Juana Inés Ramírez was born out of wedlock to a Spanish captain and the daughter of a wealthy landowner in a village outside of Mexico City in 1651.
She spent her formative years on the estate of her maternal grandfather, raised by her mother. By all accounts she was a child prodigy. She spent hours in her grandfather’s well-appointed library and had mastered Greek, Latin, and Nahuatl, as well as Aristotle’s “Logic,” in her pre-teen years.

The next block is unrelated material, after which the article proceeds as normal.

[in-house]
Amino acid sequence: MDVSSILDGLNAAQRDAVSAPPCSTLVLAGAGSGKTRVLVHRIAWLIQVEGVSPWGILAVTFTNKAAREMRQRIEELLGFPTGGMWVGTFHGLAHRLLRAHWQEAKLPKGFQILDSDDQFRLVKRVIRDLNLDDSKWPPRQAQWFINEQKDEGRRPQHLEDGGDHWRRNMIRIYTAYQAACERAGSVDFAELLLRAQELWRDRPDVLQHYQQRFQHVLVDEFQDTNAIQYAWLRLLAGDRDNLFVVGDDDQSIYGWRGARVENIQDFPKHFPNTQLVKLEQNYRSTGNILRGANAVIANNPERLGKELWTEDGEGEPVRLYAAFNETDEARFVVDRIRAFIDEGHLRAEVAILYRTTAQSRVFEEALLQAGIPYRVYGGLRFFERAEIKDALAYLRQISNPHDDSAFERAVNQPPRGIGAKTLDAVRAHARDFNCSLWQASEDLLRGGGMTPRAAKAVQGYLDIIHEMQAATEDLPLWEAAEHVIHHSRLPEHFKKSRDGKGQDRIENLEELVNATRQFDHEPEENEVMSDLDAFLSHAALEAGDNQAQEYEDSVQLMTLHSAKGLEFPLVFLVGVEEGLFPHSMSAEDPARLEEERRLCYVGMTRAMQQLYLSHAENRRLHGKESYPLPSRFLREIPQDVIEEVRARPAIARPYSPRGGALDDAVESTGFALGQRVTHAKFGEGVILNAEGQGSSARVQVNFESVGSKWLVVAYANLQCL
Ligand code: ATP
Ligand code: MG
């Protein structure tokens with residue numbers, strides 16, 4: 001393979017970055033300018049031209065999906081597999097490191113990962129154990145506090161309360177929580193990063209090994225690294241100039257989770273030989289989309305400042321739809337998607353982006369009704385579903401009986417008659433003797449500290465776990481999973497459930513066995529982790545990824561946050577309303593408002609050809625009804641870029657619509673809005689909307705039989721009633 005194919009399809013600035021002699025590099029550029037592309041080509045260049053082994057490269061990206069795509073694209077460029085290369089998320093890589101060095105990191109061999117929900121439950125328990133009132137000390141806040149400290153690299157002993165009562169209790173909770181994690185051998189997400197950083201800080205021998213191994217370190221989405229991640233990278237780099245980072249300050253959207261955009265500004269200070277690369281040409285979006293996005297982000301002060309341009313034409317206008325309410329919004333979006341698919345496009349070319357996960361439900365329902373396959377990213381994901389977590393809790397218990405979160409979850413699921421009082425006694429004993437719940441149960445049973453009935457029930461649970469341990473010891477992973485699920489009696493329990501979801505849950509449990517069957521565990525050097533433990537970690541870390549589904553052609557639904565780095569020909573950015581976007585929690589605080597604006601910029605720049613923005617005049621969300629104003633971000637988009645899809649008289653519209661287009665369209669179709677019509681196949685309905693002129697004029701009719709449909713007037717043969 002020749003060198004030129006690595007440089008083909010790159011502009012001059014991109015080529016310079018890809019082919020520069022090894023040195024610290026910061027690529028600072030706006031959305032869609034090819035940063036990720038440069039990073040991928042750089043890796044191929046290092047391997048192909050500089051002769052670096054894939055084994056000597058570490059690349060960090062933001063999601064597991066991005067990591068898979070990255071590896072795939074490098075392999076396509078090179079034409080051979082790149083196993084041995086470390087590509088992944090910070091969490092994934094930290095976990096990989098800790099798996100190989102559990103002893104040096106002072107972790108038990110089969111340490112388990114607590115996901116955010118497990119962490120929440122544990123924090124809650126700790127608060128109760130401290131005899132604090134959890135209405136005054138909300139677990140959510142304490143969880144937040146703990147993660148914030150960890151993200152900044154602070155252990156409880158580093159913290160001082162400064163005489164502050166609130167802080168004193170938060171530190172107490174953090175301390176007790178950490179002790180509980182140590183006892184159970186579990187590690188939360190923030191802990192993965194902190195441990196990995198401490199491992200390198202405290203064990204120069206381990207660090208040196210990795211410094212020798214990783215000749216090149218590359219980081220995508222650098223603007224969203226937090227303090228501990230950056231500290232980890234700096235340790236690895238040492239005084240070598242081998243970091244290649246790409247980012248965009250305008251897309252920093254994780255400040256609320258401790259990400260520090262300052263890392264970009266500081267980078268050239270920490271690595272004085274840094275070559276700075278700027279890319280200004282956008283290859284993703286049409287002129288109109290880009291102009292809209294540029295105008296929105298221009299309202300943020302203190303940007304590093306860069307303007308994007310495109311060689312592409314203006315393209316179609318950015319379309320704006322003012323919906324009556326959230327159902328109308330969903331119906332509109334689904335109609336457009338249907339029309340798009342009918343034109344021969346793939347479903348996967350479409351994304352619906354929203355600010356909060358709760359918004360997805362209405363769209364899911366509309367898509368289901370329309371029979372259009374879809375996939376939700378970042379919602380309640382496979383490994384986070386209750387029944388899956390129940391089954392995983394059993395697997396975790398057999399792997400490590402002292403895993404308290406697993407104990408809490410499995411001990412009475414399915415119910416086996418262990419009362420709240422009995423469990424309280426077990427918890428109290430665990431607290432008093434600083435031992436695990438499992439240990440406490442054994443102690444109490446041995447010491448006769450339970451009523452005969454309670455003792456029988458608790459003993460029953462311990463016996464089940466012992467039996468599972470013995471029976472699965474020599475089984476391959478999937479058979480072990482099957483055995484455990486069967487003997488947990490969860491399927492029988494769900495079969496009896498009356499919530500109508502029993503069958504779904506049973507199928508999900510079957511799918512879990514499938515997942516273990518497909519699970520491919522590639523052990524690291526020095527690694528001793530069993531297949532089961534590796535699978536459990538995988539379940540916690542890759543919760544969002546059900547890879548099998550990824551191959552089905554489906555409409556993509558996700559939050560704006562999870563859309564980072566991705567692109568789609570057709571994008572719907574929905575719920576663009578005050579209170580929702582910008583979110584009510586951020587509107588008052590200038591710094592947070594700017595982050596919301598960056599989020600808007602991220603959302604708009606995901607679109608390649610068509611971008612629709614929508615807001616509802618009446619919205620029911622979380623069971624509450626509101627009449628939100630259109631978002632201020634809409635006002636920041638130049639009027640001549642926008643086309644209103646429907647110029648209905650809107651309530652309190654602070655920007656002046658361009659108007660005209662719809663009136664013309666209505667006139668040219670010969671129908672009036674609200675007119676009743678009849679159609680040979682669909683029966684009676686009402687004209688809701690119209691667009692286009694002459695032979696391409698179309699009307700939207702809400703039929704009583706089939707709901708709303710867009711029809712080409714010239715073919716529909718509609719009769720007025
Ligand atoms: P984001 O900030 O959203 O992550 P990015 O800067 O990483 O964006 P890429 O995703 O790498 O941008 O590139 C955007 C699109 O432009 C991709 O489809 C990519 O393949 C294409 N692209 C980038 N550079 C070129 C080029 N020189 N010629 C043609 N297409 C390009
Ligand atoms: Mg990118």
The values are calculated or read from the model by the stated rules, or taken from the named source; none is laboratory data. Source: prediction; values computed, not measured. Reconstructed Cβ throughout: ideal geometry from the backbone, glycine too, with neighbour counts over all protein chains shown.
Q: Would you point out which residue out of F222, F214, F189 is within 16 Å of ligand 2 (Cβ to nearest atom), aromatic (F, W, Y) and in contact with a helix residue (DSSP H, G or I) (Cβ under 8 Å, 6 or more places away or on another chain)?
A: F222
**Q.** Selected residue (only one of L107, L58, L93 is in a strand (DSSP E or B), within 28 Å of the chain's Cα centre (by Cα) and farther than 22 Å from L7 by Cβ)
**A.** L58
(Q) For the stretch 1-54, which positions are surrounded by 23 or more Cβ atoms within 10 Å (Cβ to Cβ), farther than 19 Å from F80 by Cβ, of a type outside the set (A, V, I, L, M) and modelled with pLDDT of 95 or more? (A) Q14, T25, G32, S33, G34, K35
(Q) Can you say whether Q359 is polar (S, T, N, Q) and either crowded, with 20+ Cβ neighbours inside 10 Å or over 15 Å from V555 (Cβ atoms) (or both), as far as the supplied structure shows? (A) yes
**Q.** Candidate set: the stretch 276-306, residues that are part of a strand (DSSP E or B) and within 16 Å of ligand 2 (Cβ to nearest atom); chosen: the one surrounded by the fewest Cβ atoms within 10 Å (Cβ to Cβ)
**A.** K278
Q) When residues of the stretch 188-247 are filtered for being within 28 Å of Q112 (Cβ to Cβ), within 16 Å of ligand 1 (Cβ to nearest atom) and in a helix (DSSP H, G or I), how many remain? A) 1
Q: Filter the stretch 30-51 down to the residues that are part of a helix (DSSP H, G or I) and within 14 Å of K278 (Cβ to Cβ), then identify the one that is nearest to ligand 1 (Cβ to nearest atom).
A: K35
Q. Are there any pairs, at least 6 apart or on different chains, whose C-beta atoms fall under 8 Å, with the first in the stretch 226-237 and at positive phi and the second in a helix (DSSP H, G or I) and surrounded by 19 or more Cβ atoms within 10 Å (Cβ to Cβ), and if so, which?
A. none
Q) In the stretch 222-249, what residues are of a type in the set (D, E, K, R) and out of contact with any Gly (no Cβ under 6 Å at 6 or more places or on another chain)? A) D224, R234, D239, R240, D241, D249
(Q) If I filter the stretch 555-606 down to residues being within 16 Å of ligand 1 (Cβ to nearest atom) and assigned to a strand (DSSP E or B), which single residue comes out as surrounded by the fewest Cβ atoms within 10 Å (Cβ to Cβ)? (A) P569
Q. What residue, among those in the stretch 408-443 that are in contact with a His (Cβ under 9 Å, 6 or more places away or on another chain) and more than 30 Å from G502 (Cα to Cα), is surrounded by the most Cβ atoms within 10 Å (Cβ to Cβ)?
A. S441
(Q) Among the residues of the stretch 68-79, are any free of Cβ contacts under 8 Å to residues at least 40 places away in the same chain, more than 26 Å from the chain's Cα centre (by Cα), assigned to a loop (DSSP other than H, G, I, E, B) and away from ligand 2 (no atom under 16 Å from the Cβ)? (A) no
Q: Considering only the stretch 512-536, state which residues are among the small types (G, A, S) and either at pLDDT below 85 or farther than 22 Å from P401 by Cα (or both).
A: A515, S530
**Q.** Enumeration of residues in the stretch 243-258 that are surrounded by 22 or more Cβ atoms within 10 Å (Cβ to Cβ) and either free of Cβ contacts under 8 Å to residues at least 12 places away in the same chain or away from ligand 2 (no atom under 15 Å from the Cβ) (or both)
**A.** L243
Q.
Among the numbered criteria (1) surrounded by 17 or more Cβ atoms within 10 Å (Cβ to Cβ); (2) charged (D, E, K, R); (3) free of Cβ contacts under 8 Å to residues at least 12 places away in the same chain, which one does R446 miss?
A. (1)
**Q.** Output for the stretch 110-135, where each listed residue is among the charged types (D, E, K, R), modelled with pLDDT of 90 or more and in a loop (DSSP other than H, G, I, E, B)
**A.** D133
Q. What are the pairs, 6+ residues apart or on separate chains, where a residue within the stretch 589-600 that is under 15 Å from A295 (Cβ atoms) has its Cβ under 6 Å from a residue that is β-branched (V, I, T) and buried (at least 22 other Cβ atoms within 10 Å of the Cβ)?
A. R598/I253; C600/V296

At the age of 16 she asked for permission to disguise herself as a man and thus gain admittance to the university in Mexico City so she could continue her education. The grandfather instead got her a position as a lady-in-waiting to the Spanish Viceroy’s wife. There, she prospered and had access to a fine library which attracted the capital’s most erudite clerics, scientists and scholars. At age 17, she was quizzed by a panel of experts in various fields and—to the amazement of all present—showed a depth of learning well beyond her years.